Playing It Safe With Eggs
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What You Need to Know
Fresh eggs must be handled carefully to avoid the possibility of foodborne illness, often called "food poisoning." Even eggs with clean, uncracked shells may occasionally contain bacteria called Salmonella that can cause an intestinal infection.
The U.S. Food and Drug Administration (FDA) estimates that 142,000 illnesses each year are caused by consuming eggs contaminated with Salmonella. FDA has put regulations in place to help prevent contamination of eggs on the farm and during shipping and storage. But consumers play a key role in preventing illness associated with eggs. In fact, the most effective way to prevent egg-related illness is by knowing how to buy, store, handle and cook eggs — or foods that contain them — safely. Follow these safe handling tips to help protect yourself and your family.
FDA requires all cartons of shell eggs that have not been treated to destroy Salmonella to carry the following safe handling statement:
You can help keep eggs safe by making wise buying decisions at the grocery store.
- Buy eggs only if sold from a refrigerator or refrigerated case.
- Open the carton and make sure that the eggs are clean and the shells are not cracked.
- Refrigerate promptly.
- Store eggs in their original carton and use them within 3 weeks for best quality.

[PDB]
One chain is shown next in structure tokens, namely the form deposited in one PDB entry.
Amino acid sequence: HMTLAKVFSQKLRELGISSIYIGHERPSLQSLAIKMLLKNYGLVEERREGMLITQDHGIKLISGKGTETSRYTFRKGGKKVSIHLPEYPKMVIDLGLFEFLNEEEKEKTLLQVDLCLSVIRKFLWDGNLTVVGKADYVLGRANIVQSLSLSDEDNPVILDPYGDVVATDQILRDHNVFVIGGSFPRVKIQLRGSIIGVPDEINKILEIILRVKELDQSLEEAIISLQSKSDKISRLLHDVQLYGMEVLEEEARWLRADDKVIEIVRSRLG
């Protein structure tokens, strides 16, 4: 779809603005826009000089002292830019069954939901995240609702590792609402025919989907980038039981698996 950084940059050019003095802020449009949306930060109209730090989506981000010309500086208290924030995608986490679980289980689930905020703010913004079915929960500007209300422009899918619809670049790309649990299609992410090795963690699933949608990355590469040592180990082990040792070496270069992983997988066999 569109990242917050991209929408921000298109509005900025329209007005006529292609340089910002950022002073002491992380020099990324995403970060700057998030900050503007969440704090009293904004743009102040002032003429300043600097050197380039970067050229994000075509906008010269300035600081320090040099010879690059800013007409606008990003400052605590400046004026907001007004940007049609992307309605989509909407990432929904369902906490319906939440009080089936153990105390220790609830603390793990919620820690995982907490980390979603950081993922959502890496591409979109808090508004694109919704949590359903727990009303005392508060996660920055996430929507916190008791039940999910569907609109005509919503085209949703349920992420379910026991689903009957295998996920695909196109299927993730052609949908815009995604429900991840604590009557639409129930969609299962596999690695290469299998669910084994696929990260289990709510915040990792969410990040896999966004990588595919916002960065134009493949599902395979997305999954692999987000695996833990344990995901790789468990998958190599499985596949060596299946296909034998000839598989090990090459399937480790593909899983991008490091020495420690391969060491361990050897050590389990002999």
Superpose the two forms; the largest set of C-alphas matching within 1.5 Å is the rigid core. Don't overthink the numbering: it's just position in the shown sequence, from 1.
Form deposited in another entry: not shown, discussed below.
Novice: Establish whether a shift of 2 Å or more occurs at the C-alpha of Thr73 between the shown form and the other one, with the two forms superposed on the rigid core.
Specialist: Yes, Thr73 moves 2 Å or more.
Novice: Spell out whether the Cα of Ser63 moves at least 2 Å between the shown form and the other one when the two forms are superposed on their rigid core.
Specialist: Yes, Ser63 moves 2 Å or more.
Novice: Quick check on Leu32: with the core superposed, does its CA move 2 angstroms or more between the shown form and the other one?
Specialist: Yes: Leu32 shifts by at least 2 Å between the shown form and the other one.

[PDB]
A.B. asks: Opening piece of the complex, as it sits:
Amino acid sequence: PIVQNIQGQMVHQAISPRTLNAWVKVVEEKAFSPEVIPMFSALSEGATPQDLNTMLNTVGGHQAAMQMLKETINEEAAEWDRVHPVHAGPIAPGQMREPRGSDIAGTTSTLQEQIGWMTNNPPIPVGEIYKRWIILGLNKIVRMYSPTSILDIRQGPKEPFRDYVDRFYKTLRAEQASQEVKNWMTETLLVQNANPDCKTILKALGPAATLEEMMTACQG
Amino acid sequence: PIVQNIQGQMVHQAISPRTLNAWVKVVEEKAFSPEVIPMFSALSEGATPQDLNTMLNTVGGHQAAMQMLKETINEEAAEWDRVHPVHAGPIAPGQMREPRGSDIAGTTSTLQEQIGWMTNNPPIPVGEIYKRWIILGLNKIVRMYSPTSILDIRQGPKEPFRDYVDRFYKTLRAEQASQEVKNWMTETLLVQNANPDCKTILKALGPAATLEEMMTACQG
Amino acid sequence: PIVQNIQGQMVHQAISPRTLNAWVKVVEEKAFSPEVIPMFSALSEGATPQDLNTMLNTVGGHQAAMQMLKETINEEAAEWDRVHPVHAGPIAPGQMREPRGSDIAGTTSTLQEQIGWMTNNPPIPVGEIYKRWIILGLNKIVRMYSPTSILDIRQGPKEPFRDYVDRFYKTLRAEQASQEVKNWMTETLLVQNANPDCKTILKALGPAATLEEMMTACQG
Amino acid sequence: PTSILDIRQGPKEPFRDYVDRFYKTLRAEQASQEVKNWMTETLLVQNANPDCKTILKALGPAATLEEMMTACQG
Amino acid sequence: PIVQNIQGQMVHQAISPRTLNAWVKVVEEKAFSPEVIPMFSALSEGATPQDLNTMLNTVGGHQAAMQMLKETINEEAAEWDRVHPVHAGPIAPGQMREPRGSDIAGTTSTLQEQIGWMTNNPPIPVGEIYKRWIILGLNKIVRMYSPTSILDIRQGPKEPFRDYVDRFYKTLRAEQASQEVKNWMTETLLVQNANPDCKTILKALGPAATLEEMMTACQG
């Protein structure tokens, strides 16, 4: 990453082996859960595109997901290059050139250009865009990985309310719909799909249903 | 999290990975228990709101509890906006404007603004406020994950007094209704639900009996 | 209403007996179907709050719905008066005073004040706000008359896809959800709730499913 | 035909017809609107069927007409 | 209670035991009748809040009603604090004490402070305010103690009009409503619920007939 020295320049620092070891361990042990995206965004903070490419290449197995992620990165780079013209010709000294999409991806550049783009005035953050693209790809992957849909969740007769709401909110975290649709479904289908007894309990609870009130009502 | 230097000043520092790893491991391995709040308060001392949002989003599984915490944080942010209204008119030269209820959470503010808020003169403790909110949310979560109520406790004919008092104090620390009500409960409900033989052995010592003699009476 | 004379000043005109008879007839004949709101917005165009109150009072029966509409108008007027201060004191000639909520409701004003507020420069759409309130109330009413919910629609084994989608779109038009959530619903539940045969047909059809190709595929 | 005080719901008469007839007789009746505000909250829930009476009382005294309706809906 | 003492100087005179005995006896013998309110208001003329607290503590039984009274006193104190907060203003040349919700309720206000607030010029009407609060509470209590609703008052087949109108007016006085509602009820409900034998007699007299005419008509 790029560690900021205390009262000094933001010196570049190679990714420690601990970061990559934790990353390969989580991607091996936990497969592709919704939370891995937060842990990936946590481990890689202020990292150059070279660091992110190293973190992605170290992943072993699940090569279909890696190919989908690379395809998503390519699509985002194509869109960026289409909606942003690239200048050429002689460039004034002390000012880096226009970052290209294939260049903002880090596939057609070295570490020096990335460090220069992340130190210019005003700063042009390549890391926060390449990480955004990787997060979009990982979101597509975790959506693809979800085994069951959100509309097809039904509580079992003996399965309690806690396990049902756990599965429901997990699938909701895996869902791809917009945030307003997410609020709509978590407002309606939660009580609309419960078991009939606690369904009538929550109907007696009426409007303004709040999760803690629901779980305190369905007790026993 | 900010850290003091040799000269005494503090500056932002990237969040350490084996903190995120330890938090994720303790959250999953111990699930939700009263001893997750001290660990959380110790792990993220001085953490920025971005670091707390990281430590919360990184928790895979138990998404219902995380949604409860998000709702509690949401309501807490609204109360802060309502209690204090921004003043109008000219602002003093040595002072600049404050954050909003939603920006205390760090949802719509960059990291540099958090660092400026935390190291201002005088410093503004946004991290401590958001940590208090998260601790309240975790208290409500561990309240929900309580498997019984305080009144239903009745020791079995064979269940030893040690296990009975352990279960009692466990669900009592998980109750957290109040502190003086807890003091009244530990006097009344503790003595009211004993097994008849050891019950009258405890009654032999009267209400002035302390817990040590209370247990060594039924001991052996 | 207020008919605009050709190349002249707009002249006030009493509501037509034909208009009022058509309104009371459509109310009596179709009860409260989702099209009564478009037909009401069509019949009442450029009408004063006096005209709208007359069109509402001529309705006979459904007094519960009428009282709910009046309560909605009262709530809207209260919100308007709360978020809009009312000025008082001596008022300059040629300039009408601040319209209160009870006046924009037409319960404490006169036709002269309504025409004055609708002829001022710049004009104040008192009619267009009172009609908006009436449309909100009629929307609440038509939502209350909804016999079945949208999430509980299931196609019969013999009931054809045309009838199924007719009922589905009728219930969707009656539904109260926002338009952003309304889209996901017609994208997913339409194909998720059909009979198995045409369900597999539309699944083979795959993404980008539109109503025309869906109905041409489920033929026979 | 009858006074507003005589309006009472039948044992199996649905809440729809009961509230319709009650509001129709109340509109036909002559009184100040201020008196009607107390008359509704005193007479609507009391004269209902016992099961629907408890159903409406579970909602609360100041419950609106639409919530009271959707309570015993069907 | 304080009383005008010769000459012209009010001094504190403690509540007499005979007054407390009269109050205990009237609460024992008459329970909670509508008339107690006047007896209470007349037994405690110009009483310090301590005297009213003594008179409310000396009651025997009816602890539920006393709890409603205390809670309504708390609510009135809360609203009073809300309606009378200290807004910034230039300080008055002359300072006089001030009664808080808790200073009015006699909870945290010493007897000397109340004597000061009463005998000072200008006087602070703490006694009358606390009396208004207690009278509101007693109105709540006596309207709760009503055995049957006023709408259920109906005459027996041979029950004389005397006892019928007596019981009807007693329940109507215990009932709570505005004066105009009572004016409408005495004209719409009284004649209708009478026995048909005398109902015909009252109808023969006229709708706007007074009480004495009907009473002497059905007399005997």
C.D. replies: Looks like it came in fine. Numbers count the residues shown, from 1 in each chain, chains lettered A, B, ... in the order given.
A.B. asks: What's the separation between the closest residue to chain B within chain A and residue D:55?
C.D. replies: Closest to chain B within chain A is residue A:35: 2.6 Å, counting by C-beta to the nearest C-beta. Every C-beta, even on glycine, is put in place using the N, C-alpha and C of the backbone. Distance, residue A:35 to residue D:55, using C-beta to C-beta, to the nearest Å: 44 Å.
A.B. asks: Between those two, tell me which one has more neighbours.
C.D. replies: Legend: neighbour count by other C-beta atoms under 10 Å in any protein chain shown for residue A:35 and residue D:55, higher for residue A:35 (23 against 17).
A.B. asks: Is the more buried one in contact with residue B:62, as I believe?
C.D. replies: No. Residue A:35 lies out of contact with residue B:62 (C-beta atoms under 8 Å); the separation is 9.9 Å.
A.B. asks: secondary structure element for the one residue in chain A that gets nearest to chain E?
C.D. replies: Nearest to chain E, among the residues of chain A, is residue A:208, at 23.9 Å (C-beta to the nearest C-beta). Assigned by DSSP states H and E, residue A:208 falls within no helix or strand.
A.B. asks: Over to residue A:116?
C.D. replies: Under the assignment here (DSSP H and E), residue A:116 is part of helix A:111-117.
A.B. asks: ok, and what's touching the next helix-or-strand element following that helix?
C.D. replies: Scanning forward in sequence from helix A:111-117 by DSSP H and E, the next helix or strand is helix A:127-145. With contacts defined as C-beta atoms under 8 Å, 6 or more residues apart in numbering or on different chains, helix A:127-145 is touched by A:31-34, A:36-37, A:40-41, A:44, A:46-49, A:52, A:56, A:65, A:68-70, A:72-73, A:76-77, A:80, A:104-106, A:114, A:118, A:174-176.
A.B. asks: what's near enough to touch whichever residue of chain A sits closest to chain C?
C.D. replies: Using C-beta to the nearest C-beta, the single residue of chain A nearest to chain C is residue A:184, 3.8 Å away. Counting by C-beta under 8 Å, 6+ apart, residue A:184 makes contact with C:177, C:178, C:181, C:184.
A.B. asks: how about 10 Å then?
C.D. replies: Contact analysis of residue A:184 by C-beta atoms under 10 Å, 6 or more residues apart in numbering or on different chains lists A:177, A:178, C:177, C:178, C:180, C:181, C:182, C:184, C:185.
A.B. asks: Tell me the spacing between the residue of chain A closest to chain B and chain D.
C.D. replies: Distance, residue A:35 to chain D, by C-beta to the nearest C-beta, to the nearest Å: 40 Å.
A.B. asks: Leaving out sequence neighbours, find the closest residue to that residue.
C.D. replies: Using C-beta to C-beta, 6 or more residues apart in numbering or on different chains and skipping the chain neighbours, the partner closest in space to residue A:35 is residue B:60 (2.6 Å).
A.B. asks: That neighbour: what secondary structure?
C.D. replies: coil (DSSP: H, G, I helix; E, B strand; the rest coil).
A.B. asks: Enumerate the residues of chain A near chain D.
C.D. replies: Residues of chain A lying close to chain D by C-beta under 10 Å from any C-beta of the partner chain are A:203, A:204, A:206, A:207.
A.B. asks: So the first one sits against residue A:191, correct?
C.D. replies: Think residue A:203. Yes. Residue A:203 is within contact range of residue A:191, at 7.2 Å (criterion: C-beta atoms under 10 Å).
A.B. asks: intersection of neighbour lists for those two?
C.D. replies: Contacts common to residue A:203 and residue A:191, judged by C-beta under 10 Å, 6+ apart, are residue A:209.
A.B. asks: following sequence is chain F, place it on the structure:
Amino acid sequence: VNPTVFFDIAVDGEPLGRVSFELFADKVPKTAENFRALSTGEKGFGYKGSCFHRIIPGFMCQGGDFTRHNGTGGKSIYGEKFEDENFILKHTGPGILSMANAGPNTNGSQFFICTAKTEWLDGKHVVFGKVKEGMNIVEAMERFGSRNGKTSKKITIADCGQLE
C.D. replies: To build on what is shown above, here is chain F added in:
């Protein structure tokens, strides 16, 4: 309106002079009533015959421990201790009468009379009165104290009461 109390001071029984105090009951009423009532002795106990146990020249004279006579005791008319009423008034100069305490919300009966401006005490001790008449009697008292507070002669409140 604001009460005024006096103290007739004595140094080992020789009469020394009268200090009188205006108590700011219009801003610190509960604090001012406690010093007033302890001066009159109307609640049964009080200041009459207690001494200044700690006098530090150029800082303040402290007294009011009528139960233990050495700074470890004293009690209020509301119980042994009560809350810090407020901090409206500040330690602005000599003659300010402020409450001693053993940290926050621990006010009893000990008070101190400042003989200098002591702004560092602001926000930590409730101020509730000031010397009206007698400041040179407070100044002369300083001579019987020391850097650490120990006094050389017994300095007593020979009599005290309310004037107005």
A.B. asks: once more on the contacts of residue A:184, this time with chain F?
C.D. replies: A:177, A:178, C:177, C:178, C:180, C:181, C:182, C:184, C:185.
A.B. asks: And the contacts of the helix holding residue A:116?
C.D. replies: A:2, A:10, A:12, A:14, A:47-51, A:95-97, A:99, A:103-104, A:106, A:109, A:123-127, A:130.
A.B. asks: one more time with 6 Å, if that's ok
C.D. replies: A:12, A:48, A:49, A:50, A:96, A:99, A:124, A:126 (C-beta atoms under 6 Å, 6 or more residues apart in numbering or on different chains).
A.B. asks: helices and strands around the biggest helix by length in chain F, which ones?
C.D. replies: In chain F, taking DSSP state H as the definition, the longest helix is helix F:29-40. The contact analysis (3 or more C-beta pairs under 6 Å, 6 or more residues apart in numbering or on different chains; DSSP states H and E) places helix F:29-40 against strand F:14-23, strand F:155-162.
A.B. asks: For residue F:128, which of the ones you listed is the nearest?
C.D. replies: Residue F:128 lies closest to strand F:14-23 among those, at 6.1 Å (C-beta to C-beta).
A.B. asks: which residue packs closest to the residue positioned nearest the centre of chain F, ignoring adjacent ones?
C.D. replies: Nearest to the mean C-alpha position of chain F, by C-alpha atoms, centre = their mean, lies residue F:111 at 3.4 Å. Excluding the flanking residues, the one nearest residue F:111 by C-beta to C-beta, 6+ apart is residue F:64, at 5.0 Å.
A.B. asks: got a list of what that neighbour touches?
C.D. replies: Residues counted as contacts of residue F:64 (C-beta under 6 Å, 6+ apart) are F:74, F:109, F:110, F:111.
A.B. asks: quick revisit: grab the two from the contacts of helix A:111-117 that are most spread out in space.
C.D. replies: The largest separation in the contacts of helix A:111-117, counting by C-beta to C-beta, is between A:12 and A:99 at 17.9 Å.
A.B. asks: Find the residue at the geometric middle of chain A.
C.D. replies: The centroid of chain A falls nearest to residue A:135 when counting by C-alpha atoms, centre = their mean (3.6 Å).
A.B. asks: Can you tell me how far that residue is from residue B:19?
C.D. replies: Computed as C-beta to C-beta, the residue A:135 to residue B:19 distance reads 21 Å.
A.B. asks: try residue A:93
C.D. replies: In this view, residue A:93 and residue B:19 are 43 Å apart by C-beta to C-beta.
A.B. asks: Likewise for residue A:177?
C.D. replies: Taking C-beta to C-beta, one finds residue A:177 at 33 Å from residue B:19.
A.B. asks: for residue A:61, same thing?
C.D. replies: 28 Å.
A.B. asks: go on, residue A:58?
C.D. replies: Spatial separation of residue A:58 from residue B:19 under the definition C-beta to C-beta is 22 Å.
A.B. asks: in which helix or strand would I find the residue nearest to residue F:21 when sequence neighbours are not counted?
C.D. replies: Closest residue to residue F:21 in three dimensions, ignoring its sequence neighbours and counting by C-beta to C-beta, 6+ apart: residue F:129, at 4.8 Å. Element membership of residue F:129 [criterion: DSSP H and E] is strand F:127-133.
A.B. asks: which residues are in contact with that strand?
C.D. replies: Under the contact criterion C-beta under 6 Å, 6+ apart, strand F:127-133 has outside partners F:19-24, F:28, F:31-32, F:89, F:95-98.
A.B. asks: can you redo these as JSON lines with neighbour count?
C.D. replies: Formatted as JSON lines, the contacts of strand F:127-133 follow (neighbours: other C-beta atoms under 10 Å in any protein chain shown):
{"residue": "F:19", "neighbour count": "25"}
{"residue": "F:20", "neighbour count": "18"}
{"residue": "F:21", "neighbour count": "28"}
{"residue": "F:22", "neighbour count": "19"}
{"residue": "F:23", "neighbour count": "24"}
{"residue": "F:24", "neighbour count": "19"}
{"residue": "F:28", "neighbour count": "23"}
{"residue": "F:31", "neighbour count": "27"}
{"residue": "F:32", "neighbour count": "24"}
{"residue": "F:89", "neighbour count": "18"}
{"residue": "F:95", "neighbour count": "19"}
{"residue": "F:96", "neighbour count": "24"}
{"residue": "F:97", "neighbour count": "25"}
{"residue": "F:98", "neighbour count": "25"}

Keep Everything Clean
Before preparing any food, remember that cleanliness is key!
- Wash hands, utensils, equipment, and work surfaces with hot, soapy water before and after they come in contact with eggs and egg-containing foods.
Thorough cooking is perhaps the most important step in making sure eggs are safe.
- Cook eggs until both the yolk and the white are firm. Scrambled eggs should not be runny.
- Casseroles and other dishes containing eggs should be cooked to 160°F (72°C). Use a food thermometer to be sure.
- For recipes that call for eggs that are raw or undercooked when the dish is served — Caesar salad dressing and homemade ice cream are two examples — use either shell eggs that have been treated to destroy Salmonella, by pasteurization or another approved method, or pasteurized egg products. Treated shell eggs are available from a growing number of retailers and are clearly labeled, while pasteurized egg products are widely available.
Bacteria can multiply in temperatures from 40°F (5°C) to 140°F (60°C), so it's very important to serve foods safely.
- Serve cooked eggs and egg-containing foods immediately after cooking.
- For buffet-style serving, hot egg dishes should be kept hot, and cold egg dishes kept cold.
- Eggs and egg dishes, such as quiches or soufflés, may be refrigerated for serving later but should be thoroughly reheated to 165°F (74°C) before serving.
- Cooked eggs, including hard-boiled eggs, and egg-containing foods, should not sit out for more than 2 hours. Within 2 hours either reheat or refrigerate.
- Use hard-cooked eggs (in the shell or peeled) within 1 week after cooking.
- Use frozen eggs within 1 year. Eggs should not be frozen in their shells. To freeze whole eggs, beat yolks and whites together. Egg whites can also be frozen by themselves.
- Refrigerate leftover cooked egg dishes and use within 3 to 4 days. When refrigerating a large amount of a hot eggcontaining leftover, divide it into several shallow containers so it will cool quickly.
On The Road
- Cooked eggs for a picnic should be packed in an insulated cooler with enough ice or frozen gel packs to keep them cold.
- Don't put the cooler in the trunk — carry it in the air-conditioned passenger compartment of the car.
- If taking cooked eggs to work or school, pack them with a small frozen gel pack or a frozen juice box.